The business of writing a package of fiscal 1991 spending bills formally got underway in Congress yesterday and immediately revealed a series of sharp differences between House Democrats and the White House on budgetary priorities ranging from U.S. aid to Africa to missions to Mars.

The most dramatic sign of early discord emerged in the drafting of the foreign aid bill when Rep. Mickey Edwards (Okla.), ranking Republican member of the Appropriations subcommittee on foreign operations, announced that he could not support the measure if it went to the floor as written.

Citing a $325 million cut in overall military assistance recommended by Rep. David R. Obey (D-Wis.), the subcommittee chairman, Edwards declared: "It is simply unacceptable."

Edwards later said that he also had "enormous problems" with bill language limiting military aid to El Salvador to $85 million, and containing a provision to cut that in half if the government there impedes peace talks with rebel guerrillas or fails to continue investigations into the murder last year of six Jesuit priests. The sharply divided subcommittee agreed to send the El Salvador issue forward so it could be thrashed out on the House floor.

The foreign aid flap set the theme for a day in which the full House Appropriations Committee completed work on two other spending measures, and prepared to take up another appropriations bill funding space, veterans' and housing programs.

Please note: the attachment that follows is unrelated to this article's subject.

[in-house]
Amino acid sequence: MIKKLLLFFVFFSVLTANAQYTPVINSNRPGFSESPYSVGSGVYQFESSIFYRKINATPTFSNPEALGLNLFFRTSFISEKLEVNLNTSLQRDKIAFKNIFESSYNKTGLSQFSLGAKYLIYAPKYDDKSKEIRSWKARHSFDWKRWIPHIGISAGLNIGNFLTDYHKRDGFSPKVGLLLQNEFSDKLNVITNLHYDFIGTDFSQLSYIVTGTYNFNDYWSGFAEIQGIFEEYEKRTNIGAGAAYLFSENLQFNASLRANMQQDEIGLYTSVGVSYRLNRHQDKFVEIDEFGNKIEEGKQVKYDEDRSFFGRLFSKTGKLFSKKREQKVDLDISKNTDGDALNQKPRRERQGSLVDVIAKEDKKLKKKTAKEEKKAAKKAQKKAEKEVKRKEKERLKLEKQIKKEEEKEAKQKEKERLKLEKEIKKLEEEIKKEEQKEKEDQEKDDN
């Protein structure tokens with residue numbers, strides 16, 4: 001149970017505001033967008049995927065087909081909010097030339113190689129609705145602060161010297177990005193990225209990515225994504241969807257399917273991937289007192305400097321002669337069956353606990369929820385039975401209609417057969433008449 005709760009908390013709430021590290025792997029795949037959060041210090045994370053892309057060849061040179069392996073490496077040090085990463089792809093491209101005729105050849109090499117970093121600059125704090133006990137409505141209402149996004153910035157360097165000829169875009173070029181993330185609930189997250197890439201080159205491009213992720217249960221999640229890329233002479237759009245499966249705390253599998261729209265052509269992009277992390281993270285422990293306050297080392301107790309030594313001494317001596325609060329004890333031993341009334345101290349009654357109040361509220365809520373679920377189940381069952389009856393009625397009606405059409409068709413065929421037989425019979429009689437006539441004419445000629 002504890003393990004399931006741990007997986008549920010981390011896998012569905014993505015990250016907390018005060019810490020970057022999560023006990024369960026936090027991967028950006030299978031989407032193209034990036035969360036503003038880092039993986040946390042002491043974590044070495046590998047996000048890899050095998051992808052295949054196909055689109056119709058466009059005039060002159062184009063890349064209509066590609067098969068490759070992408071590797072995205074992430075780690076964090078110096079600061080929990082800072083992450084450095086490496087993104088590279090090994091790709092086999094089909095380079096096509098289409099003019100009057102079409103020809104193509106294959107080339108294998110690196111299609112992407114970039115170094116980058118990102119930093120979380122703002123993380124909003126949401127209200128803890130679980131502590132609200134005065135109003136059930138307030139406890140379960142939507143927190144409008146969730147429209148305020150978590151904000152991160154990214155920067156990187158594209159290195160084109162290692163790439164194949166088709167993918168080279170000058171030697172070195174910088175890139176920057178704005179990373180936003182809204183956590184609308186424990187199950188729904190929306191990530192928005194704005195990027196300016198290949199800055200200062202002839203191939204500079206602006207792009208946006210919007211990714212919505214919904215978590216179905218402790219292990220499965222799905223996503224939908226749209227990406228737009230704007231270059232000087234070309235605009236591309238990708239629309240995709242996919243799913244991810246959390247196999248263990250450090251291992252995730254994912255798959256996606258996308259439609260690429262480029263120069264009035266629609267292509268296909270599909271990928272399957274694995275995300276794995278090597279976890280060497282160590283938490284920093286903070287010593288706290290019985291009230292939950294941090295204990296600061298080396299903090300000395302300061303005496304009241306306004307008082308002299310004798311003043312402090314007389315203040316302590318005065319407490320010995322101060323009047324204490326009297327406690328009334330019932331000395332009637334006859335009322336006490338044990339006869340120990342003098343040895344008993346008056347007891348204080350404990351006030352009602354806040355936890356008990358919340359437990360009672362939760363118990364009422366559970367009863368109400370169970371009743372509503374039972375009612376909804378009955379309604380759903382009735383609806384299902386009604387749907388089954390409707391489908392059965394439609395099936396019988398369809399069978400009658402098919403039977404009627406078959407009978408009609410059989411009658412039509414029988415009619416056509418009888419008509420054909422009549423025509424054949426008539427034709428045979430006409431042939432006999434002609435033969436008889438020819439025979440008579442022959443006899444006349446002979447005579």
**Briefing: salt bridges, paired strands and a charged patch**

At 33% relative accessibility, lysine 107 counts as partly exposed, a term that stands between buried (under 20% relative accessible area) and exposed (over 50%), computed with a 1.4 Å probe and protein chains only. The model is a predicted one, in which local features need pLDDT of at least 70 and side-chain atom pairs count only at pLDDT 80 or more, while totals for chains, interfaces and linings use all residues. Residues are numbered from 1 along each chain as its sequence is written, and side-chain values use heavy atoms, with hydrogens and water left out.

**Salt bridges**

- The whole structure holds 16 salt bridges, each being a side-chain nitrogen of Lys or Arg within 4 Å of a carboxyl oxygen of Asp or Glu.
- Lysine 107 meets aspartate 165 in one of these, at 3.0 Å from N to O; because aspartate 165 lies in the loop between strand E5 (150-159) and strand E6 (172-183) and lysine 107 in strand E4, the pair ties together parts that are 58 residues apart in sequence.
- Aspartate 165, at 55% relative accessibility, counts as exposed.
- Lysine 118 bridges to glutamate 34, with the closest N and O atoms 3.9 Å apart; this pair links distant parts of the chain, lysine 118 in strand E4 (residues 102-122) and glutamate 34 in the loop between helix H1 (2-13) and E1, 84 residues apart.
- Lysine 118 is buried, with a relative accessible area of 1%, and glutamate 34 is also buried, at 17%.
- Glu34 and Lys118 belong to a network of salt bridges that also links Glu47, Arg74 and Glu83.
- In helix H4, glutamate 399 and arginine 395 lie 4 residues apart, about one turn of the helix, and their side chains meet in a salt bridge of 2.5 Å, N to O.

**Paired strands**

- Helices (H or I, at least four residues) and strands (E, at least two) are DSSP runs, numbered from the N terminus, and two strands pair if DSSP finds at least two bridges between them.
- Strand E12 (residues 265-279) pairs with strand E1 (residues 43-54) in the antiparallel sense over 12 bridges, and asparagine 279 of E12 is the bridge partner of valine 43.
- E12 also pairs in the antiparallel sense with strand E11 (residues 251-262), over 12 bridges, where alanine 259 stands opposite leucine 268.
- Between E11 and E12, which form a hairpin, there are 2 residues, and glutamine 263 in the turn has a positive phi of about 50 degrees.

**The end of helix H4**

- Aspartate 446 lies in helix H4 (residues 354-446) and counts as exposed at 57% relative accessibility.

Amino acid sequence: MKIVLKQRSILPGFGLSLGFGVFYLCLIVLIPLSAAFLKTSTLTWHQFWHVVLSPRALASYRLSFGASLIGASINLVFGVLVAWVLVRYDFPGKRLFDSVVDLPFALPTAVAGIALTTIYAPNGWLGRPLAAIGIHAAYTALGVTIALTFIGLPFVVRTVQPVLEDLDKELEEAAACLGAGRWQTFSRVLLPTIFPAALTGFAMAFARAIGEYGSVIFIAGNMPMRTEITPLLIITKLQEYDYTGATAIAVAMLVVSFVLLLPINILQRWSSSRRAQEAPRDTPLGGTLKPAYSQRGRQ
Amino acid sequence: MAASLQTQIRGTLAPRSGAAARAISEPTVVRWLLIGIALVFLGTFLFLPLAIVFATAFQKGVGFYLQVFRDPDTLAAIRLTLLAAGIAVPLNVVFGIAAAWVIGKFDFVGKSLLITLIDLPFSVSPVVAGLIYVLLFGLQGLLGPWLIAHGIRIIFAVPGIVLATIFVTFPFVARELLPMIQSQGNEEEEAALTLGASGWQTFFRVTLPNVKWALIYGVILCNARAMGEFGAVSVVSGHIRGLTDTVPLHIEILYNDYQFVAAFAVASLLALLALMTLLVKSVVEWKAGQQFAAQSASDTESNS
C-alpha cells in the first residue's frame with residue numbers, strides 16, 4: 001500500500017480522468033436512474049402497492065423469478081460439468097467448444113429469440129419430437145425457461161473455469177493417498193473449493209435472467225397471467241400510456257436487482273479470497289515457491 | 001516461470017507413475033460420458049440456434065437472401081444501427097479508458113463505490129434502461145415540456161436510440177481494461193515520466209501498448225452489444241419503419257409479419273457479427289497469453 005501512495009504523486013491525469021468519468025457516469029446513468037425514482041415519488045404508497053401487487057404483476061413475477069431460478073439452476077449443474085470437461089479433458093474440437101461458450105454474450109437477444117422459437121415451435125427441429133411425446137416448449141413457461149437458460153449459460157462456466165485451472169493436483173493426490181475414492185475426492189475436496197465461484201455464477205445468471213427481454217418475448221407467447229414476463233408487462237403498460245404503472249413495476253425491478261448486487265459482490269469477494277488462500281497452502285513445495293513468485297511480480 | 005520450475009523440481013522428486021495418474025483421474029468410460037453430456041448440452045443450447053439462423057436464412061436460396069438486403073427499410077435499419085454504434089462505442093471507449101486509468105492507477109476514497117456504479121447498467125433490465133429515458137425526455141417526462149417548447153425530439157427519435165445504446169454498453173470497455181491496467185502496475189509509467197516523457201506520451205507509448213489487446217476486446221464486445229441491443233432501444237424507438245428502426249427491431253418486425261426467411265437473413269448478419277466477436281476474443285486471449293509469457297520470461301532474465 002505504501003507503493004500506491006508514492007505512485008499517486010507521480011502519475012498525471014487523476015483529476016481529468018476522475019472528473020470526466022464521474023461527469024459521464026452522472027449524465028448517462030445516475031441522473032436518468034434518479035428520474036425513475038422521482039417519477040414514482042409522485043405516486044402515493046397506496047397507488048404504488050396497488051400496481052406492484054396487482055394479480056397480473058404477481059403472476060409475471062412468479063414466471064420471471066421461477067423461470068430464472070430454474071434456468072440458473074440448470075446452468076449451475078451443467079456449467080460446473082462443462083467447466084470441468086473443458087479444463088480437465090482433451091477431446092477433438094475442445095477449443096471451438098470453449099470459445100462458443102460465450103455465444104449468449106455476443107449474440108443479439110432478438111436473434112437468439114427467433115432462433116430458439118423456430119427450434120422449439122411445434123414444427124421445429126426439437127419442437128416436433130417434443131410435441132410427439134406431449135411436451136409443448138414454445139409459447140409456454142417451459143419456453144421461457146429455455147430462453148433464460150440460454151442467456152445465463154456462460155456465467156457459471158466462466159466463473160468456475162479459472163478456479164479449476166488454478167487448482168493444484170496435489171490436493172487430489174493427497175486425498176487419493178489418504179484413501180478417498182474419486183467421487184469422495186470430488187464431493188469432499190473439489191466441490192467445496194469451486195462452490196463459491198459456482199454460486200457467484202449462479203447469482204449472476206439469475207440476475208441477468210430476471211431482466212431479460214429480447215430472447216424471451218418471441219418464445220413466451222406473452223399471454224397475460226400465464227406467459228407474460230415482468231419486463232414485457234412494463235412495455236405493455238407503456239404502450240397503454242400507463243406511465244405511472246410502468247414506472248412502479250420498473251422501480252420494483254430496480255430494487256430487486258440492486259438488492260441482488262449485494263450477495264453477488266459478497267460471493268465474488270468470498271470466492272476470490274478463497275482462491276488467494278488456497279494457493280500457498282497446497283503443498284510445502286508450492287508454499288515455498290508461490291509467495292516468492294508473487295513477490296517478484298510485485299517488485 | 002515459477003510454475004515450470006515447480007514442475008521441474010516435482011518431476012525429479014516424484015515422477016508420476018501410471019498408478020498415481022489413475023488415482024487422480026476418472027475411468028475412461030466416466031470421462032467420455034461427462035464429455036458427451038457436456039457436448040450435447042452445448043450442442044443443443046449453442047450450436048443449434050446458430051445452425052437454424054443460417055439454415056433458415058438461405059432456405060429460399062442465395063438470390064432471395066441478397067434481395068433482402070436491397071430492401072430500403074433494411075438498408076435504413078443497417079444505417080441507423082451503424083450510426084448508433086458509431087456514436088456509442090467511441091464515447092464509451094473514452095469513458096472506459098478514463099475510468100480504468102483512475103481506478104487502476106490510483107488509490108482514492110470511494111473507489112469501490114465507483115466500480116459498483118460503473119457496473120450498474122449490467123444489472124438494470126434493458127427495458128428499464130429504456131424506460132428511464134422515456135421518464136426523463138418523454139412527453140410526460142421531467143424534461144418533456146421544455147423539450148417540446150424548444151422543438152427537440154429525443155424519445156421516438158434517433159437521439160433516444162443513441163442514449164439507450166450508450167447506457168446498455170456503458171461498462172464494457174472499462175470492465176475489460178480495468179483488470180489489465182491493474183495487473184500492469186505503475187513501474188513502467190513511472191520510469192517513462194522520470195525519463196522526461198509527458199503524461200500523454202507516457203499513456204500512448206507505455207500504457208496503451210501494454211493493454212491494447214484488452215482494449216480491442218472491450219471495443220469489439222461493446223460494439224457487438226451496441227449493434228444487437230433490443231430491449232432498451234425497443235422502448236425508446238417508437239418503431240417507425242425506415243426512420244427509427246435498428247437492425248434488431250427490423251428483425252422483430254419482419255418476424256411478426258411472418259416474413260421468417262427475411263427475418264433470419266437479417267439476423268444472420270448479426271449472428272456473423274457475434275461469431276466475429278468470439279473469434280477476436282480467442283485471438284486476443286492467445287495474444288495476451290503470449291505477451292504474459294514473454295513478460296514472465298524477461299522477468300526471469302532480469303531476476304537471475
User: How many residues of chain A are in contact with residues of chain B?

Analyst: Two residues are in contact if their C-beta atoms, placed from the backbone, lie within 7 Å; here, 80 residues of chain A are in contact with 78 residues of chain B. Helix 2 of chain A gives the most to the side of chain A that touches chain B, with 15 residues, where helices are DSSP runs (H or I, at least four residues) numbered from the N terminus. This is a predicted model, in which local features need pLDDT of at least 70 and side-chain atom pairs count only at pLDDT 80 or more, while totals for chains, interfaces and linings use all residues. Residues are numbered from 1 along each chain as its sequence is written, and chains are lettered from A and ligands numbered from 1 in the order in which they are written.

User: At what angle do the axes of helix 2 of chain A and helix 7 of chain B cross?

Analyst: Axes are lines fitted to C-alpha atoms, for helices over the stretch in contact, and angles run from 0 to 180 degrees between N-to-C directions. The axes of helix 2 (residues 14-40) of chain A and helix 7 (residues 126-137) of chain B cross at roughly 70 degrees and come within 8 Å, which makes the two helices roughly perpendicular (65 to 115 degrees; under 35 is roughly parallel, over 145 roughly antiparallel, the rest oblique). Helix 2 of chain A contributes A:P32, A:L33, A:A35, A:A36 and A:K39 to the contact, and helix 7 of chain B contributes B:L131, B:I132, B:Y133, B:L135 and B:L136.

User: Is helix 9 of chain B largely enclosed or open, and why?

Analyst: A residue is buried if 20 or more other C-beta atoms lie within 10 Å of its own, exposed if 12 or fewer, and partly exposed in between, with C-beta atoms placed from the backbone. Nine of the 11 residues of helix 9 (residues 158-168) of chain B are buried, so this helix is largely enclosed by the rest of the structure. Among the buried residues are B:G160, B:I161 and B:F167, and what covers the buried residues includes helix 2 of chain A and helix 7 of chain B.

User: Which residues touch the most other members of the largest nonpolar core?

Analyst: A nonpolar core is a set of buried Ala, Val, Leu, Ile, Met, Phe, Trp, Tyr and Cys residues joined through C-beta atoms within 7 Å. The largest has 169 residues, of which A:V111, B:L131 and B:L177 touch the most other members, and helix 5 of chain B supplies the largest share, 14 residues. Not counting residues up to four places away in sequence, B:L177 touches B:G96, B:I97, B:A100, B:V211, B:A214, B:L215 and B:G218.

The bill-writing took place against a backdrop of extreme uncertainty -- and, some said, unreality. The appropriators are operating without a budget summit agreement between Congress and the administration or a congressional budget resolution to guide them. As a result, they have decided to keep their total spending within the bounds of President Bush's budget, but to reshuffle the numbers to fit the priorities recently agreed on in a resolution passed by the Democratic-controlled House.

A dramatic example came in the totally revised priorities adopted Tuesday by the subcommittee that funds veterans', space and housing programs. The subcommittee slashed funds for Bush's high-priority Moon-Mars mission, cut the administration request for the toxic waste Superfund by $129.8 million, but added a record $4 billion to the president's request for subsidized housing, raising the total to $11.6 billion.

Administration officials indicated yesterday they will seek special treatment for the National Aeronautics and Space Administration to prevent its budget from being raided for non-space programs. Generally, NASA appears not to have fared badly But funds that now appear available could evaporate later as the deficit picture becomes clearer.

Pent-up constituent pressure on Congress was evident in the energy and water appropriation bill reported out by the committee yesterday. It includes funds for 25 new river and harbor initiatives and adds $487 million for nuclear waste cleanup, but cuts funds for the Nuclear Energy Directed Weapon, used in the Strategic Defense Initiative.

Symbolizing frustration with administration China policy, the foreign operations subcommittee voted to withhold the U.S. share of funds for the World Bank if new loans to China are for anything other than basic human needs. It increased the administration's requested aid to Eastern Europe from $230 million to $430 million. It also placed new, lower ceilings on military aid to Greece and Turkey.

Staff writer Kathy Sawyer contributed to this report.